About This Web Site: Internationalisation

Internationalisation of the World Wide Web is an accessibility issue. The medium is used everywhere and this means that it should be accessible to all people, regardless of their language, script, writing system or cultural conventions.

The handling of language is of course the foundation of Internationalisation although other cultural factors such as the handling of numbers and dates should also be considered.

Language handling on the World Wide Web requires attention to two aspects:

  • Unicode allows character encoding of text in the principle languages to be handled in a uniform way for searching, sorting and manipulation without loss or corruption of data.
  • XHTML which provides the means to identify and treat language in a consistently machine-readable way.

The handling of language by Unicode and XHTML is demonstrated in the following passage of text:

The Arabic numeral system was introduced to Europe through the work of the Persian mathematician Abu Abdullah Muhammad bin Musa al-Khwarizmi. His name, خوارزمى in Persian or أبو عبد الله محمد بن موسى الخوارزمي in Arabic, is the root of the term ‘algorithm’ and ‘algebra’ is derived from the title of his book on the subject, Al-Jabr wa-al-Muqabilah.

Readers of Arabic will see that the mathematician’s name reads from right-to-left in the main body of left-to-right reading text. XHTML identifies the language of the shorter Persian form of his name as Farsi, the longer version as Arabic and specifies the right-to-left direction of text in both cases for machine-readability. A screen reader with the capacity to read all three languages should be able to handle the text correctly.


Unicode allows for publication of both Turkish and English on the same page without recourse to using a local character set (in the case of Turkish this could be ISO 8859-9 or windows-1254 amongst several other options).

All pages are presented either in Turkish or English. Students of either language will find it useful that each page is directly linked to its alternative version. This comparative feature is especially useful on international agreements such as the Convention on the Rights of the Child (CRC) and the Universal Declaration of Human Rights (UDHR) since it is possible to compare the Turkish version with the authentic, or official, English version.

Users of screen reading applications such as JAWS should be aware that English pages are declared in British English since it is currently the official language of the United Nations. Some fine-tuning may be required on the user’s part to account for spellings such as ‘kilometre’ and ‘centre’ which are not handled well by browsers that are programmed to speak the American form of English.

Turkish pages are of course set for Turkish. Where Turkish words or phrases occur on English pages, they are ‘wrapped’ with the appropriate language attribute (tr) and vice-versa (en-GB).

Language is declared using the xml:lang attribute, which allows language to be identified in a consistent cross-platform manner on a given page or within any element on that page. For example, while the default language of this page is English, the phrase Kız Çocuklarının Eğitimi is appropriately declared as Turkish. Occasional nouns or phrases that aren’t names are translated via the title attribute. When the cursor is placed over a word or words in Turkish a tool-tip will flag the appropriate translation.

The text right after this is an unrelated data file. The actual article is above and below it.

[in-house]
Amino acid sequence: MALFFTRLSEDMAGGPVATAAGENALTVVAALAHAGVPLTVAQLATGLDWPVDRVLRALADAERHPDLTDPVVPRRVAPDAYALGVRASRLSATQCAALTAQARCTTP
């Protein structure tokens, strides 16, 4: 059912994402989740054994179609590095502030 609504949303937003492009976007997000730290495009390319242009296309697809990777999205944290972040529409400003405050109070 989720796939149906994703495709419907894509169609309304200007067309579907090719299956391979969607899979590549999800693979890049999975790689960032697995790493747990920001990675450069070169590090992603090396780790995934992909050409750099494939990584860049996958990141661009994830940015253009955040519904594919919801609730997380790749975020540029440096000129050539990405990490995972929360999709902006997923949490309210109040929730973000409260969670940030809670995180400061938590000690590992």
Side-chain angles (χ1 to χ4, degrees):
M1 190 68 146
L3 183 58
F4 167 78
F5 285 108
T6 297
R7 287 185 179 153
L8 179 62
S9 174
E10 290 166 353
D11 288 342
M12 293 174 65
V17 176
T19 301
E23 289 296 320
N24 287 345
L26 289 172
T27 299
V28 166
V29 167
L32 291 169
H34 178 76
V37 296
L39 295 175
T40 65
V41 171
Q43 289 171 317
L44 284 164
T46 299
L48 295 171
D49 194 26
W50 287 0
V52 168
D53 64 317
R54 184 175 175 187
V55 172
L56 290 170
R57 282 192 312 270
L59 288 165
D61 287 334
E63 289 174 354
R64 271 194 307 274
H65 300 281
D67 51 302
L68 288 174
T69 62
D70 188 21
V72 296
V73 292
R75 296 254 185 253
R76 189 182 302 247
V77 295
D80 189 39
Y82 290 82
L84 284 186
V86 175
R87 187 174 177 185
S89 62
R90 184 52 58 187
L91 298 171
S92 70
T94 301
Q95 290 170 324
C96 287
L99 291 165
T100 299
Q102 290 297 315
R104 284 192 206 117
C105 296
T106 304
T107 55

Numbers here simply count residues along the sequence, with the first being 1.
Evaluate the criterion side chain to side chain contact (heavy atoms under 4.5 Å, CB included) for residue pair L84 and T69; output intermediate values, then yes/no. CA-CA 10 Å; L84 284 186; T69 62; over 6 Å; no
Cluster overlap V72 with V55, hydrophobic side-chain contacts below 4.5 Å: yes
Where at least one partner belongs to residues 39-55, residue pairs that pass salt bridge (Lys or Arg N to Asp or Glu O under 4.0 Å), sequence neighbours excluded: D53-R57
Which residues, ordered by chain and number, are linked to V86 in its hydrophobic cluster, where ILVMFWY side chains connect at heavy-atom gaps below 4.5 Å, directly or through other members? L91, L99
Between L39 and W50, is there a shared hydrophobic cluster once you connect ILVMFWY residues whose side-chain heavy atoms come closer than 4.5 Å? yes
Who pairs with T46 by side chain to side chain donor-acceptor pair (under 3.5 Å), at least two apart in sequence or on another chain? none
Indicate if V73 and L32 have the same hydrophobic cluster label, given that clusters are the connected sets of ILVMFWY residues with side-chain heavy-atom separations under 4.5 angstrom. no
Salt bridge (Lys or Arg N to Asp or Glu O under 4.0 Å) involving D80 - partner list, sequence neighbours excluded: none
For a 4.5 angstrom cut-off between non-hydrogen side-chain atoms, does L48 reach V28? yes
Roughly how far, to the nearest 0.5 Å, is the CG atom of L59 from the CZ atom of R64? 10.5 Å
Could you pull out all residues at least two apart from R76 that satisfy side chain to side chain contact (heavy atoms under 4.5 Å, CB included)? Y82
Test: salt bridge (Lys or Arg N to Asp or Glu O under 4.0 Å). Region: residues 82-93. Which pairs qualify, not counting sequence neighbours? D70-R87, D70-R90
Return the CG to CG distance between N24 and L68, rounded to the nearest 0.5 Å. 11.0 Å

Numeral system

Figures are rendered using the British and American convention with a full point for the decimal or radix and a comma to separate thousands ie: 1,262.50 or one thousand two hundred and sixty-two point five.

In Turkey, the system of units does not follow a consistent pattern. Generally the roles of the comma and full point are reversed, rendering the figure in our example as 1.262,50. Many individuals and institutions use the SI (Système International d’Unités) whereby a space is used to separate thousands ie: 1 262,50. This is the most widely used international system of units. However, there is a further complication in that figures rendered according to the SI system in Turkey often use the full point instead of the comma ie: 1 262.50.

Mixtures of these quite different conventions are sometimes used interchangeably by the same institution or individual.

The decision to use the British and American convention was based on three factors:

  • the need to represent statistics and figures consistently;
  • whitespace used to separate thousands in the SI system can be problematic in terms of machine-readability;
  • assistive technologies such as speech readers are more likely to process figures correctly when they are represented in this way.


The short presentation of dates can also be the cause of some confusion.

Americans will read 04/03/05 as April 3rd, 2005 whereas Europeans will read it as 4th of March 2005 and Japanese will read it as 5th March 2004.

We have used the International standard (ISO 8601) where a short form of the date is required such as for headings in the Press section. ISO 8601 recommends unambiguous use of four digits to denote the year at the beginning: YYYY/MM/DD. This is consistent with 24-hour time notation where the largest units of hours come before the smaller ones -- minutes followed by seconds.

The ISO standard does not apply to language-dependent dates that are explicitly written out such as the example preceding the Search Engine on this page (visible only to browsers that support JavaScript).

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